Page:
INQUIRIES into illegal wildlife trade continued to try to find a links with international dealers, after tiger parts and ‘pickled’ bodies of stillborn cubs were found in the controversial Tiger Temple.
To date, police have charged 22 suspects, including three Buddhist monks, with wildlife trafficking.
Royal Thai Police commissioner Pol Gen Chaktip Chaijinda said yesterday they were now investigating the connection between the Tiger Temple in Kanchanaburi’s Sai Yok district and international wildlife trading. He had ordered deputy national police commissioner Pol Gen Chalermkiat Srivorakan to oversee this investigation.
“We are tracking on this topic very closely and will check if all wildlife products that were found in the temple are linked to the international wildlife trade or being stored for what purpose. I want to assure that we have a clear plan for investigation and have information about a wildlife smuggling group,” Chakthip said.
He said that Pol Gen Chalermkiat would be responsible for cooperation with international agencies on this task and assured that the conclusion of the investigation would be disclosed promptly, as the issue was not complex and also in the public interest.
The temple’s link to the international wildlife trade was brought to public attention on Thursday after a monk and temple officers were caught
trying to sneak away with tiger skins, nine engraved tiger fangs and more than 1,000 tiger-skin amulets. Meanwhile, more than 50 jars with stillborn tiger cubs in them were also found in the temple.
Pol Col Bandit Muangsukham, Sai Yok Police Station superintendent, revealed that as of now there were three monks and two people had been charged with four offences – illegally keeping hornbills, a bear, wild animal remains and illegal timber.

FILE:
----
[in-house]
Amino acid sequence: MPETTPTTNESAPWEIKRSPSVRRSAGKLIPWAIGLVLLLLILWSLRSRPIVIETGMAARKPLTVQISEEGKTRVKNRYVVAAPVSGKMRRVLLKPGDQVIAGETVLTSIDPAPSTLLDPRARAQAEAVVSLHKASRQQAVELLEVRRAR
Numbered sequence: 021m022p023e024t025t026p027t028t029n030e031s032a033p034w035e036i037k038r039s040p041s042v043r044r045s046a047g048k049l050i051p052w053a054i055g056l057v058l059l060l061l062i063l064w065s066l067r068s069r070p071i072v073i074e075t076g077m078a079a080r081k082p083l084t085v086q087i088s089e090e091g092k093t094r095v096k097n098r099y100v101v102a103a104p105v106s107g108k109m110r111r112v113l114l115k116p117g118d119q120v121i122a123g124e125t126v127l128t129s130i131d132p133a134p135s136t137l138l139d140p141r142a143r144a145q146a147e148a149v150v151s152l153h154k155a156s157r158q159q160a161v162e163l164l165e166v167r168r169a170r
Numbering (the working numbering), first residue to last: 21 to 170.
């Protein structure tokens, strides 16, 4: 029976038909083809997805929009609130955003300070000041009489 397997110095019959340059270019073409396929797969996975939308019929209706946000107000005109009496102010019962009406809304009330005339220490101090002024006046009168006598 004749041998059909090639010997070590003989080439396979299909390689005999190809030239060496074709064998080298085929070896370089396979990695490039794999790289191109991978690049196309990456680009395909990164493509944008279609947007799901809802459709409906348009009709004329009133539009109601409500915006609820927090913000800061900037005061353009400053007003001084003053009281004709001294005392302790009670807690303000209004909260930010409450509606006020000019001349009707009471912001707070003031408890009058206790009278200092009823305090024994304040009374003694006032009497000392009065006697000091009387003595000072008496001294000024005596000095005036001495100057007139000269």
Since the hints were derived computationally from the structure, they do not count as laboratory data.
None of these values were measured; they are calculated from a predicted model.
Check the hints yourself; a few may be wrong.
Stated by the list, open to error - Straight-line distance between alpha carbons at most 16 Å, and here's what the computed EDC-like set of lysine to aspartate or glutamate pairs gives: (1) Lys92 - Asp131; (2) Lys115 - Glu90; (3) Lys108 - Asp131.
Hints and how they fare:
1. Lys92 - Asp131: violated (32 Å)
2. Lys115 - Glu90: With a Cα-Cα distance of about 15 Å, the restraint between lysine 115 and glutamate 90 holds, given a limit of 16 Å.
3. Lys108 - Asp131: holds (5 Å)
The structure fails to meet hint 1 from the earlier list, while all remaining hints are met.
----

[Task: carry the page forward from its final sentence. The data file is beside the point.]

Bandit said police were now investigating the possible crime link with temple abbot Luang Ta Chan.
Phra Lamom Wantiya, a monk at the temple, said the abbot had left the temple last Sunday, but had not returned or made contact with the temple since then. However, Bandit believed the abbot had not fled the country.
Chalermkiat said he had ordered police across the country to be on the lookout for any raising of illegal wild animals. If anyone was found guilty, they would be punished swiftly according to the law.
In regard to the relocation of tigers
from the temple, Department of National Parks, Wildlife and Plant Conservation (DNP) deputy director-general Adisorn Noochdumrong revealed that 119 tigers had been moved, while there were new discoveries of many rare animals. Last year, there were 147 tigers at the temple. But as of yesterday, officials had found 149 tigers for relocation.
“We have found more protected animals in the temple such as Malayan sun bear, hornbill and banteng and have already transfer all of the animals to Bang Lamung breeding centre in Chon Buri,” Adisorn said.
He said the DNP had invited relevant agencies to inspect the temple’s land – around 2,000 rai – on whether it was legally acquired.
The department was also working with an animal forensic science team from Mahidol University to run a test on the bodies of ‘pickled’ tiger cubs found in jars – to find out what caused their death and any genetic link with tigers in the temple. But it would take at least two months to finish those tests.